This means companies must expand their efforts to recruit and invest in less-developed candidates who demonstrate strong work ethics and a mind for details. In years and decades past, on-site training programs, mentorships and apprenticeships for motivated employees were common. The industry needs to ramp up these efforts again and assemble teams of invested, interested, loyal employees.

Supply Chain Needs Stronger Ties to Schools

Part of the responsibility for turning around the talent shortage and cultivating interest in this field lands squarely on the education system. Children tend to be taught to romanticize some jobs and not others. Elsewhere, kids don’t receive nearly enough guidance for their interests and talents, or are pushed down educational and professional tracks that aren’t a good fit.

Students in junior high and elementary school should be exposed early and often to industries like the supply chain. They should receive far more education about how the world works and how all the products we take for granted make it from Point A to Point B.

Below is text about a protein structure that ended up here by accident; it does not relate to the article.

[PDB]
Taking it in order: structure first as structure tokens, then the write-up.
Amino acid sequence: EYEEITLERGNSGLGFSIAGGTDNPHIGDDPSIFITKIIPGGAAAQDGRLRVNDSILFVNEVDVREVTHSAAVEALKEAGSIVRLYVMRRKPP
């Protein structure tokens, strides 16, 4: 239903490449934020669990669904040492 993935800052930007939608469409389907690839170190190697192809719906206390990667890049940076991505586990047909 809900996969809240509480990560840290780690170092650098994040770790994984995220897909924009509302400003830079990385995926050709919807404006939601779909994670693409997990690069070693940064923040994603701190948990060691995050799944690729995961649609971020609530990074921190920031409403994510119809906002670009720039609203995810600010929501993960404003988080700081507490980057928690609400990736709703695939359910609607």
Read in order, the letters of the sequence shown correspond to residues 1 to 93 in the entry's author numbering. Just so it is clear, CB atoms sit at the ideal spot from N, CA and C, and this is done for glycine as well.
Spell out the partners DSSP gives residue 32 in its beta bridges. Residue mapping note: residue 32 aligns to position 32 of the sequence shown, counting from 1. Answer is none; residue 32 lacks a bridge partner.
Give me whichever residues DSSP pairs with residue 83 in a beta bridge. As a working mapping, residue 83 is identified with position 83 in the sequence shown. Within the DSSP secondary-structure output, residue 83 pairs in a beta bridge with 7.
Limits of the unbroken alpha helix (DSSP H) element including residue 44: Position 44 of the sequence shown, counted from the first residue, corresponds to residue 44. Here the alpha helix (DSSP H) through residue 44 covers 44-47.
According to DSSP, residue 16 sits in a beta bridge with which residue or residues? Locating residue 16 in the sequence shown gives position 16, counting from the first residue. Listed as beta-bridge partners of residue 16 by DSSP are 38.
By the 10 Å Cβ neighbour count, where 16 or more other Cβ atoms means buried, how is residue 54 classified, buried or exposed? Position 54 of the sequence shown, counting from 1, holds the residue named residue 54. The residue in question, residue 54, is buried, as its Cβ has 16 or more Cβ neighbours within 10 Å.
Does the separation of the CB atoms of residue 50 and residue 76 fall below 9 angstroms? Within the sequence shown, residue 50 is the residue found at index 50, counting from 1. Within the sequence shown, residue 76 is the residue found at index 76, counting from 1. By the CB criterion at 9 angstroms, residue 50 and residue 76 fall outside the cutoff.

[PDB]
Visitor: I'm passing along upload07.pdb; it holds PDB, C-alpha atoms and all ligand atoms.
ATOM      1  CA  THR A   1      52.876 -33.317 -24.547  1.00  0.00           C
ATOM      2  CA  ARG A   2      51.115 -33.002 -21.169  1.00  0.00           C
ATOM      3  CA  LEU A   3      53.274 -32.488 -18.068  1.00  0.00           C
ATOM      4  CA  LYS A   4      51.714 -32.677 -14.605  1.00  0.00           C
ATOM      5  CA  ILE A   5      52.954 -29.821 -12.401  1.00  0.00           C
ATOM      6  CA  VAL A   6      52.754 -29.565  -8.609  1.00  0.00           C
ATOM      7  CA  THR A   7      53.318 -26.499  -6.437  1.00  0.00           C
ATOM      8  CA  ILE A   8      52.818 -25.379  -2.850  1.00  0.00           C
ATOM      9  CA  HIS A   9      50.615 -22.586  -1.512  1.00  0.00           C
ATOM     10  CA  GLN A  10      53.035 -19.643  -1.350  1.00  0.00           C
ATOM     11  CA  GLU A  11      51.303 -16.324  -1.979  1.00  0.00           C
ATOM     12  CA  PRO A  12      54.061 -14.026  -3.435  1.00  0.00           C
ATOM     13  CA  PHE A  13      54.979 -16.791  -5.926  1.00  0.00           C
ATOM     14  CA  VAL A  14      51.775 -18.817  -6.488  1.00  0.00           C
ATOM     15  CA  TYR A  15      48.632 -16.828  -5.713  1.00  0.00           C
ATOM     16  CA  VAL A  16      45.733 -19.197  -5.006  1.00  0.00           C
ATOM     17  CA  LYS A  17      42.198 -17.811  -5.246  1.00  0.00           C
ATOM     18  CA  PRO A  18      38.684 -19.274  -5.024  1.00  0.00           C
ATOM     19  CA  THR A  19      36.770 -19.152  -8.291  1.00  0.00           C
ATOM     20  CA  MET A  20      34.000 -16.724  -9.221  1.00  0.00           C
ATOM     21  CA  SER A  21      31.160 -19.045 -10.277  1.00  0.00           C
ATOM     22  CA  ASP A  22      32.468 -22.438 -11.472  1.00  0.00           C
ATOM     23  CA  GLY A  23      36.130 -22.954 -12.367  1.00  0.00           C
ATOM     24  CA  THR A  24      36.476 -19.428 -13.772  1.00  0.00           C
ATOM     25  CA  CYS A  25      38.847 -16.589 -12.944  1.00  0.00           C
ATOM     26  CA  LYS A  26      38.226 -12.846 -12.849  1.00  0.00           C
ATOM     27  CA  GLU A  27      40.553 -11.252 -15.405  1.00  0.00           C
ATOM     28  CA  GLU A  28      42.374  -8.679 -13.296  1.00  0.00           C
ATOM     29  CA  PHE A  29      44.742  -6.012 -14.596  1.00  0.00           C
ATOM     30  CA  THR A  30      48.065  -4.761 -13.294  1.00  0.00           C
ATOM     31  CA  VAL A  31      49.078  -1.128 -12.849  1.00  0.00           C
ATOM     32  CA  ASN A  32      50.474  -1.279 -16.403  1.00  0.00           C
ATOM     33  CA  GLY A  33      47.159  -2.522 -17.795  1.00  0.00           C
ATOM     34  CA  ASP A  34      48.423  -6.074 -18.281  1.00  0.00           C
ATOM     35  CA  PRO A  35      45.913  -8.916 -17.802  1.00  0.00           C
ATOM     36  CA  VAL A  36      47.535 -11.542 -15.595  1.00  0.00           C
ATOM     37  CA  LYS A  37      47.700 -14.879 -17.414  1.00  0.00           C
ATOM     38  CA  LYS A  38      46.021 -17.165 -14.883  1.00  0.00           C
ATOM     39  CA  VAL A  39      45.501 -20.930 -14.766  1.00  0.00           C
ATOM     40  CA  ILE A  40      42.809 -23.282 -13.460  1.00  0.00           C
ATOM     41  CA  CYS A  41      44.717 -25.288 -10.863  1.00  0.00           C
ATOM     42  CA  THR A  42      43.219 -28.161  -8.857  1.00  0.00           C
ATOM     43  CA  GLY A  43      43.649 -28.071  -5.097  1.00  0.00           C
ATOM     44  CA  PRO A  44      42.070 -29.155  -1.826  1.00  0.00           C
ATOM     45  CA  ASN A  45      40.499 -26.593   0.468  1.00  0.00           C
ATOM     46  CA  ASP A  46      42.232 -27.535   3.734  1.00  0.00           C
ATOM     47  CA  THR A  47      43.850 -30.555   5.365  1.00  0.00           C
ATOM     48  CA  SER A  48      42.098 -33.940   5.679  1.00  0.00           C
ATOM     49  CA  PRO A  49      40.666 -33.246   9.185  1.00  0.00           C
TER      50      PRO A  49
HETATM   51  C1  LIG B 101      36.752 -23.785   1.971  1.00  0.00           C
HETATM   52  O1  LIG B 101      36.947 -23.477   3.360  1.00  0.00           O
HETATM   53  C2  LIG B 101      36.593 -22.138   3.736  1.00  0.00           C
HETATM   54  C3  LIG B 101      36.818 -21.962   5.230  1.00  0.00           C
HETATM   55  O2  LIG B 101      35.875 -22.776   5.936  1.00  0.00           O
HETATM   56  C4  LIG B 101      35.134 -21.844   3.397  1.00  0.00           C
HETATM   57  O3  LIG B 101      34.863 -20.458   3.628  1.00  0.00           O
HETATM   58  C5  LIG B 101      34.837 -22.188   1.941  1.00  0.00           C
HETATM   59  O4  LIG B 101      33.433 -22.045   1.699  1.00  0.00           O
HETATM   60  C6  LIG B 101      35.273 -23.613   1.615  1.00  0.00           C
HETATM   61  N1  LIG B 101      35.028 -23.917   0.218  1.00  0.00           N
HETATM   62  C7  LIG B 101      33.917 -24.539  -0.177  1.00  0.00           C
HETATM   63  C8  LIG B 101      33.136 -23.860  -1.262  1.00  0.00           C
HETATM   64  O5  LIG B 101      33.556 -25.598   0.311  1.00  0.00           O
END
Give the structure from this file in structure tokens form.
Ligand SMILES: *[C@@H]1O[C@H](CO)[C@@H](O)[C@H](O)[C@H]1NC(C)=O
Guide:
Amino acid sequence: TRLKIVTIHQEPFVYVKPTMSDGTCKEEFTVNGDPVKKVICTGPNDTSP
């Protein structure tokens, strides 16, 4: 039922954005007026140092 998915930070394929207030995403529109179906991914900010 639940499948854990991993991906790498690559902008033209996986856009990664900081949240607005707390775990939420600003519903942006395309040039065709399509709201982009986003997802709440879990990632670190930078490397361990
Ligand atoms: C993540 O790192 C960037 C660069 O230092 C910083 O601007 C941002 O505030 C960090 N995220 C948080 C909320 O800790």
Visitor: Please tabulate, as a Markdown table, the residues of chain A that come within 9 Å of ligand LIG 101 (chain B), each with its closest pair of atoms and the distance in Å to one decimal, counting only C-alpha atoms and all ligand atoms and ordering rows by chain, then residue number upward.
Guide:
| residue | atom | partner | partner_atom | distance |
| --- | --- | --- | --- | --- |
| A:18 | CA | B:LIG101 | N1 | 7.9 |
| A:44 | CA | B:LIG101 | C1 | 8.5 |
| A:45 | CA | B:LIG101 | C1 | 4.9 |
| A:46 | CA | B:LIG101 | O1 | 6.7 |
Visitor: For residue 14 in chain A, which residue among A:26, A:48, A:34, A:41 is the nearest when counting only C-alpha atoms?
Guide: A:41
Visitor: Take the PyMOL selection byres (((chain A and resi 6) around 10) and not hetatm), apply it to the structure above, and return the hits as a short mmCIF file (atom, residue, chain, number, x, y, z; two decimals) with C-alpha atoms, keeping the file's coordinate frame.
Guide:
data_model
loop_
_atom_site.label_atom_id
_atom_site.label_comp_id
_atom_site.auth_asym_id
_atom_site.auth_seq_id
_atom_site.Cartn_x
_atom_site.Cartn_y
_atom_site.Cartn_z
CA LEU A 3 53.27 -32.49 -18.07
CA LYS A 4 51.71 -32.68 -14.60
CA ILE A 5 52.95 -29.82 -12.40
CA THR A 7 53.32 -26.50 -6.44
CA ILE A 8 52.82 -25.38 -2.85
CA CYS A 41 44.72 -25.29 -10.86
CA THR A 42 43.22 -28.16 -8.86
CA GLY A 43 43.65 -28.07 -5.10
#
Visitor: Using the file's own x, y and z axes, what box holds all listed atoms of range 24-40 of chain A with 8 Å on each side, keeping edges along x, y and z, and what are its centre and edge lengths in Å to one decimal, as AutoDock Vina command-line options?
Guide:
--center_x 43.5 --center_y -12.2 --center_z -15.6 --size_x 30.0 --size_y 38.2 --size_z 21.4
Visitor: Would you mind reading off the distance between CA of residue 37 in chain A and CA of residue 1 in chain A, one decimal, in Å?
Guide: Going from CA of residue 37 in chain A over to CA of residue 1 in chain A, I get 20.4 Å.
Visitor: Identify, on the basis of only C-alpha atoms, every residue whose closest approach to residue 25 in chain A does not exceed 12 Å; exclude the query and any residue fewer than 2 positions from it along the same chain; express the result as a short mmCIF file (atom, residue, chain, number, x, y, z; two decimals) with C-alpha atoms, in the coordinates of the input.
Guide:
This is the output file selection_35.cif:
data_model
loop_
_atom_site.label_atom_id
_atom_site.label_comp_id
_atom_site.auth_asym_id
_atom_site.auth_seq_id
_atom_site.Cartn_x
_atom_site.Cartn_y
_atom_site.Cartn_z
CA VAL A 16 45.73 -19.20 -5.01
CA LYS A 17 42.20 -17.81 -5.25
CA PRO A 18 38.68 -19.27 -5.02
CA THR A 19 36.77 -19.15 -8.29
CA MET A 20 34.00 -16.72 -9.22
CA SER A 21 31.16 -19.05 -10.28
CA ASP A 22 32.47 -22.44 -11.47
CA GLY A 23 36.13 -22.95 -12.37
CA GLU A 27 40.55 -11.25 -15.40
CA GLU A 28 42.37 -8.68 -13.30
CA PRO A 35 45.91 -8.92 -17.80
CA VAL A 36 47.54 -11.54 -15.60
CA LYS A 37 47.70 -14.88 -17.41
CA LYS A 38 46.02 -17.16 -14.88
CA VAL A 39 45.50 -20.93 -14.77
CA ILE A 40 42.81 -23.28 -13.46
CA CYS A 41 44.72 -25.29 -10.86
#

This is a communication problem. Companies can begin solving it by creating stronger ties with education systems and making themselves more present at local and school events and career fairs. They should help the public better understand that studying STEM skills isn’t just for people who want to write apps or land a desk job.

Supply Chain Must Become More Regional

Although the world is globalizing, the benefits of regional industry clusters are clear. The supply chain drives inputs for local businesses of all kinds, and benefits from developing co-location strategies to be closer to their partners. Assembling in this fashion helps improve the standard of living within communities and keeps wealth local.

The inevitability of regional supply chain clusters, and their benefits to competitiveness, are only underscored by the advancement of additive manufacturing. This will further reduce the distance between manufacturing centers and end-users.

Even as it provides greater choice and flexibility to customers concerning the variety and customizability of products, it will also create new challenges for the supply chain. Bespoke products and smaller-batch shipments will become more commonplace.